Saturday, November 10, 2012

Golden city of Jaisalmer

I'll post pictures when I have wifi again, but for now I just wanted to write about how much I adored Jaisalmer. After more than two months in India it has so far been the highlight of my trip. My favorite city. The place I most want to go back to visit again and again.

Jaisalmer is the farthest west city in Rajasthan, deep in the Thar Desert. Its nickname of the "Golden City" comes from the fort that perches up over the city. Made of yellow sandstone, it glows in the desert sun and reflects light just as if it had been made of gold.

I stayed at a delightful hotel just outside of the fort, called the Hotel Royale. It's much more expensive than I would normally pay but it was part of the bad mistake I made in Delhi letting the IIRC book part of my trip in advance. Since I didn't feel like fighting to get the full refund if I had canceled everything I just sucked it up and enjoyed the nice hotels for a little while.

The hotel was not only comfortable and colorful, but the staff was delightful! On Halloween night, feeling lonely and restless, I went to the hotel manager to ask if he had any recommendations on where I could go to be around people. I ended up on the back of his brother's motorbike heading up into the fort to the family's home. I spent the evening as part of the family. Playing with kids. Drinking chai. Talking. Petting the family cow (who knew that cows enjoyed having the backs of their ears scratched?). And when I mentioned wishing I could try on a sari, Ajay and his wife took me upstairs to their bedroom and his wife dressed me up in one of her sarees! I was so delighted, and couldn't stop smiling and laughing. And I was full of such pure joy that Ajay's wife and mother went out and bought me a sari of my own as a gift to remember them by. *smiles* I was struck truly speechless by this generosity. And couldn't help but hug Ajay's mother. I now have a blouse and petticoat to wear with the sari, so I will be wearing it proper for the first time on Diwali. I figure that'll be a good opportunity to dress up!

Another highlight of Jaisalmer were hanging out at the textiles shop I ended up at after meeting a guide up in the fort. I purchased a custom made jacket from there, and also got the blouse and petticoat made. But mostly I spent time just sitting inside, drinking chai and talking to the men who worked there as well as the many locals who would drop in. On my last day I pulled out my sketchbook and drew the inner wall (complete with tapestries and a poster of Ganesh over the front door). My guide took me on his bike all over the city. We dropped into a silversmith's shop, where I ordered a custom silver pendant made. I now have the compass rose I have been wanting. And we went to several shops and I drank more chai than I have ever had in my life, and looked at crafts that I wished I could buy. Perhaps when I have an apartment of my own again (and money to shop with!) I will come back to Jaisalmer and buy all those things I just dreamed of buying on this trip.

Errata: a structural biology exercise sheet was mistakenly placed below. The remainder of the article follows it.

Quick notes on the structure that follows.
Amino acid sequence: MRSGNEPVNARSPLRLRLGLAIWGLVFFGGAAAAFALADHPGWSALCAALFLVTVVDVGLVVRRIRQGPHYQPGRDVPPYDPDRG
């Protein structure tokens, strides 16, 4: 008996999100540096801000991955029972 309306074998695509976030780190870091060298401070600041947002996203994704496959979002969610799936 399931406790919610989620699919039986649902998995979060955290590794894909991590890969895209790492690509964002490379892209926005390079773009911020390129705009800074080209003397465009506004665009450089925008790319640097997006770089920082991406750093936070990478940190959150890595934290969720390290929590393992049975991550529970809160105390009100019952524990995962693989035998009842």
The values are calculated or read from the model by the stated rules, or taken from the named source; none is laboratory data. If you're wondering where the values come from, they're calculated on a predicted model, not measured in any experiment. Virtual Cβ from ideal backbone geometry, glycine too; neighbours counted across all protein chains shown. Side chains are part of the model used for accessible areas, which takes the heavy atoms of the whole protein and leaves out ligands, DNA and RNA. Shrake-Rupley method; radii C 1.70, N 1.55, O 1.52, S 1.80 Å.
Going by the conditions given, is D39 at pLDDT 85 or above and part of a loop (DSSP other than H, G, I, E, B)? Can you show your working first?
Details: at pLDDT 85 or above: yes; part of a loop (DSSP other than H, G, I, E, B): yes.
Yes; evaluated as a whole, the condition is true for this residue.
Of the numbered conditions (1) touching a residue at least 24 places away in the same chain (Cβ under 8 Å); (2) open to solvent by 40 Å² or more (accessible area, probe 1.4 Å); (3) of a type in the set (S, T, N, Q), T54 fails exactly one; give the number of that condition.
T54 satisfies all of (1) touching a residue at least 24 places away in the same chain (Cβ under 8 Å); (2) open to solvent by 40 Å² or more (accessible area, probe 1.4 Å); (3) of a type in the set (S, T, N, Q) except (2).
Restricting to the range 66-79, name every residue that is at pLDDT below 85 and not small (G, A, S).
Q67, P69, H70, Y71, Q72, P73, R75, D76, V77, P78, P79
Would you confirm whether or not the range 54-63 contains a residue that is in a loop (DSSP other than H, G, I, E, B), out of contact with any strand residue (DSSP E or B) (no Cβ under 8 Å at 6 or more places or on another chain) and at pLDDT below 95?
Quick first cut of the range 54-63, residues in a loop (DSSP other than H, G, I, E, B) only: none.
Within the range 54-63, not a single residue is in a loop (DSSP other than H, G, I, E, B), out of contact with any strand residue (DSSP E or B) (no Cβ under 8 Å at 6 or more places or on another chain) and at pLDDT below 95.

One thing that I enjoyed (though it wasn't as much fun as I had expected it to be) was the camel safari I went on. For one thing, I guess I am more afraid of heights than I tend to think I am. Camels are WAY taller once you're on top of them than they appear when you're safely standing on the ground. And the way they walk is so odd that I was afraid I would fall off! It took until the next day for my hands to stop shaking, and my anxiety was so high that I couldn't bear going out again after dinner that night and surrounding myself in darkness. So I missed sleeping out under the stars. But oh my god the desert during daytime was beautiful! I can't listen to anybody who says the desert is a dead, colorless place. Because when I looked around all I saw was beauty. The light playing on the sand. The desert plants with roots so deep they remained green even after a lackluster monsoon season. Birds and insects and animals everywhere I looked (I saw two antelope, but they were too fast for me to catch with my camera). And sunset from the dunes was magical.

My guide was a delightful man. 40 years old, who had never been anywhere but this desert. No education to speak of, just 25 years of experience as a guide. His dream is to save enough money so he can buy some land of his own and have his own well and be able to send his own four children to school so they will grow up able to read and write. So simple! I would love to spend more time with this man, and wish I could have met his family. I would love to bring paper and books and teach them all to read and write. That would be something to remember forever.

I spent 4 nights in Jaisalmer, and I want so badly to go back. It wasn't peaceful in the slightest. And the chaos would normally drive me batty. But Jaisalmer was magical. It felt like I'd dropped smack dab into the middle of an Arabian fairy tale. I could have stayed there for a lot longer.

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